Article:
This is often how it goes: the evaluative/political infrastructure of culture and media is never made explicit. The article under examination here makes impressive headway in concealing the evaluative judgments that structure it. It muddies things up so thoroughly, that it's difficult to know what's at stake in the politics of media at all. The article itself has such fallacious presuppositions about what politics is, that we cannot hope to find anything but garbage there.

Finally one point about the supposed contrary of "neutral" journalism: so-called "opinion journalism". "Opinion" is another bullshit term. I think we should expunge our vocabulary of it entirely. It is an individualist term that makes it appear as though our political convictions are like our preference for chocolate or vanilla ice cream. Our political views aren't like mere "tastes". If there are any beliefs for which we should be expected to give justifying reasons, political beliefs are the leading candidates.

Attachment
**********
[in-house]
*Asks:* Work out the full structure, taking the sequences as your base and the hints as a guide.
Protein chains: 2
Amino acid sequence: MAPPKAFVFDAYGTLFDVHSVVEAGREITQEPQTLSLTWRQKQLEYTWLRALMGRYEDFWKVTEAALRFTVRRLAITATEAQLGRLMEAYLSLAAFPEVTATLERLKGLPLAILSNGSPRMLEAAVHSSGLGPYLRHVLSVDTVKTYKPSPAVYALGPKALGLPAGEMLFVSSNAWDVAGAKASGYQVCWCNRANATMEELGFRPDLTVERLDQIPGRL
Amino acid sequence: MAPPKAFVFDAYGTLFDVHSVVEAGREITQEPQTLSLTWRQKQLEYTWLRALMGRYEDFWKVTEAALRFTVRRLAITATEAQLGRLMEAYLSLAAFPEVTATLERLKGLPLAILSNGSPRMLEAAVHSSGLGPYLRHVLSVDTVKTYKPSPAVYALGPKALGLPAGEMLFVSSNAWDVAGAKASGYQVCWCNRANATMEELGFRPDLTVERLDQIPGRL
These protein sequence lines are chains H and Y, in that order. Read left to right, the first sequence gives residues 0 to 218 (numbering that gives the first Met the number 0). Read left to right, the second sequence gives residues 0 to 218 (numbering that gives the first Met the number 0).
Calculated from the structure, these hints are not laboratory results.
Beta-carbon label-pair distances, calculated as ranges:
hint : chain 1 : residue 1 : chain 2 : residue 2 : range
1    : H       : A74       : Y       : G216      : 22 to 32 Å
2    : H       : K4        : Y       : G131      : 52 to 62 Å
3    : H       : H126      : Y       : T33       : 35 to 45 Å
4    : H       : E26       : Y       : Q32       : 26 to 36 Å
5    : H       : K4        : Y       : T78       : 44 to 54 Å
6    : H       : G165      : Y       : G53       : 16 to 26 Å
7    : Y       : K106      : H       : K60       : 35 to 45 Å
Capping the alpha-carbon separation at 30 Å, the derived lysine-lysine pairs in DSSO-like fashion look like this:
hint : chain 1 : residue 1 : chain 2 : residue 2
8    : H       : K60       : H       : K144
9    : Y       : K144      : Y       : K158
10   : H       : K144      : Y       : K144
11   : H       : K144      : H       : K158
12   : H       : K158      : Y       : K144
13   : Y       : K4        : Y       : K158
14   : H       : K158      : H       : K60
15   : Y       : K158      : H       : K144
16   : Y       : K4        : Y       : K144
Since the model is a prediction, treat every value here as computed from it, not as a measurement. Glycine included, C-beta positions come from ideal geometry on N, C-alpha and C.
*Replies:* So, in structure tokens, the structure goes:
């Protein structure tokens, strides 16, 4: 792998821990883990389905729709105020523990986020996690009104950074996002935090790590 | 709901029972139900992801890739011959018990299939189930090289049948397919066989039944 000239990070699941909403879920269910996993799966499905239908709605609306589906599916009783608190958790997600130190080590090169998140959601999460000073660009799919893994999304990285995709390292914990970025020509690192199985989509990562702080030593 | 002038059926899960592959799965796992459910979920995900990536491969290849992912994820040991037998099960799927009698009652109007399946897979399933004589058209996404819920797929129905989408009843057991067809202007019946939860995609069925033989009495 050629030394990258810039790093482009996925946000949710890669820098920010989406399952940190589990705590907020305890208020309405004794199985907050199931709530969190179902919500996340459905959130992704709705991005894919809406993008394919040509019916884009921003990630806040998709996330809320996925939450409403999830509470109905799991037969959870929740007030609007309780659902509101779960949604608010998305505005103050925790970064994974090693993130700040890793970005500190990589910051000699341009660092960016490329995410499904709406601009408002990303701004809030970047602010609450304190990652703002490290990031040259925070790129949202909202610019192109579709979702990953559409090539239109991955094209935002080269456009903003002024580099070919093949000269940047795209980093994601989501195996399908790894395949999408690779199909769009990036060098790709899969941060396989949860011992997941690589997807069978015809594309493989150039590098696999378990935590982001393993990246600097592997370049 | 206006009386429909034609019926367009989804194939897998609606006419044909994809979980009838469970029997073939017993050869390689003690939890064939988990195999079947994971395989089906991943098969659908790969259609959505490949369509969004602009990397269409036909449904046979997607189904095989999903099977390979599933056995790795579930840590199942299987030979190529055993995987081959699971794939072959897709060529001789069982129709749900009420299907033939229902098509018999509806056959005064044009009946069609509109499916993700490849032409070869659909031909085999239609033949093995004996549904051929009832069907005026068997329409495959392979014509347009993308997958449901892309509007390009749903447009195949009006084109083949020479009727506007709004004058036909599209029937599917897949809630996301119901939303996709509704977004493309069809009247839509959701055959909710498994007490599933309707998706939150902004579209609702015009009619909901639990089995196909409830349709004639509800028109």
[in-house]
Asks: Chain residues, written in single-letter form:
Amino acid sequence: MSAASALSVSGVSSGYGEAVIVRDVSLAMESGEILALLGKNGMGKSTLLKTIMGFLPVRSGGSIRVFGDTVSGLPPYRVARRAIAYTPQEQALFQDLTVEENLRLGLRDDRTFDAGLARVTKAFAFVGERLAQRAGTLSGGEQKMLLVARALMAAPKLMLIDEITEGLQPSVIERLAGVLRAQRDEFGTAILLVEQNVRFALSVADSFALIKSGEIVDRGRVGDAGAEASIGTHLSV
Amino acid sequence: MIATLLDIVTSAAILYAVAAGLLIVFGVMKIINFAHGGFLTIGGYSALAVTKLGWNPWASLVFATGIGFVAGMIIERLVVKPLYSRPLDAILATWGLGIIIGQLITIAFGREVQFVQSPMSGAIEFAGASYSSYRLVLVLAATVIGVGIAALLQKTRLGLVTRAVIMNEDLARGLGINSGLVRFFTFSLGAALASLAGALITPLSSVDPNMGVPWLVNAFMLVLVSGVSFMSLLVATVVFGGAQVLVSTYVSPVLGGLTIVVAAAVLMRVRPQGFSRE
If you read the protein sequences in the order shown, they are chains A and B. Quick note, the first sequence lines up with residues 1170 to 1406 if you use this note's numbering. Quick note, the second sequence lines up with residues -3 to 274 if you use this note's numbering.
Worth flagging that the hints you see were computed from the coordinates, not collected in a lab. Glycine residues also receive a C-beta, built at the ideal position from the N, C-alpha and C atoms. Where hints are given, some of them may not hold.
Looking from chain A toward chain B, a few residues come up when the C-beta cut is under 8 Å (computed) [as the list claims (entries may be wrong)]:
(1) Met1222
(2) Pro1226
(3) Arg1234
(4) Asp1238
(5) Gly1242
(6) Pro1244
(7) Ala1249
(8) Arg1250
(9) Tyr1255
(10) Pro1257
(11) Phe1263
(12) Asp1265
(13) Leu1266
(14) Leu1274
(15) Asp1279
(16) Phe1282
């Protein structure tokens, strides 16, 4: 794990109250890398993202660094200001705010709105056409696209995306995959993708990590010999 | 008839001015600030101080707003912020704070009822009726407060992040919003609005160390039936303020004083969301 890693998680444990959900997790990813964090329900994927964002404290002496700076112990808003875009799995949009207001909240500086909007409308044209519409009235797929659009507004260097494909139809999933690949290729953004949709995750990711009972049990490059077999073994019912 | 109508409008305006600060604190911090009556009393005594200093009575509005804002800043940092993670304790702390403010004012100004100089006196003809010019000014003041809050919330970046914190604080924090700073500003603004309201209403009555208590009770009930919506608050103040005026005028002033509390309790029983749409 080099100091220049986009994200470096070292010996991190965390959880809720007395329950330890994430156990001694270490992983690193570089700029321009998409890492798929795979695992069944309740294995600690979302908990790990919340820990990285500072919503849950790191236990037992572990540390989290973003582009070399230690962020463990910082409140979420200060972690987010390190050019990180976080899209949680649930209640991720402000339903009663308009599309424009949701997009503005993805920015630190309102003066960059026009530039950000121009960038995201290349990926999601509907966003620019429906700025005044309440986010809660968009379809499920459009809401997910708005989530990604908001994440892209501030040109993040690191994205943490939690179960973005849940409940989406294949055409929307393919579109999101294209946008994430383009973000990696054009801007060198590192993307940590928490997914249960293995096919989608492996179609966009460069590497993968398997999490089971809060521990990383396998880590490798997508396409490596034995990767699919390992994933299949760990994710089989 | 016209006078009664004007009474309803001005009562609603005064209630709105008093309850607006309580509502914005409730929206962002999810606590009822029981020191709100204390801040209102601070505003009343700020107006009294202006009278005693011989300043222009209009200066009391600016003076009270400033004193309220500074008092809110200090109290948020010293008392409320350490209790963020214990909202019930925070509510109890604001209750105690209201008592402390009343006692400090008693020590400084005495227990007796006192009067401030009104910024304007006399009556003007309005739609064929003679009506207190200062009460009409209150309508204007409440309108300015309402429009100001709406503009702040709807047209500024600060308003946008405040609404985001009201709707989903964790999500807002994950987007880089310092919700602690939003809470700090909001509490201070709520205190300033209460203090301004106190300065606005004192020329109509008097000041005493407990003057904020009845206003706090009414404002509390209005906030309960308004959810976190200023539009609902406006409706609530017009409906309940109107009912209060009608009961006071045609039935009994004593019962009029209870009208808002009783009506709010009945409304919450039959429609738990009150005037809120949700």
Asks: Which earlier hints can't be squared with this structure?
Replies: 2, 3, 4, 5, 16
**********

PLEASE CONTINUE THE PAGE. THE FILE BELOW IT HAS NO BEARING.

Politics necessarily involves other people. It is the least personal thing there is. So how could beliefs about something that involves everyone possibly be the same as individual tastes or preferences for one flavor or other? Political beliefs must be thought of as claims that we endorse on the basis of reasons that we could give to others in order to justify ourselves. They aren't mere "opinions" or individual "tastes" we can hide behind when someone challenges them.

When someone prefaces statements with "well, this is only my opinion" I cringe. If it is merely your "personal preference", why bother disclosing it to others at all? If it could not in principle have a claim on someone else, why even utter it in a public situation?

The moral of the story is this: all journalism is political. The only questions are what are the politics involved? and are the politics justifiable, i.e. can they be backed up by convincing reasons?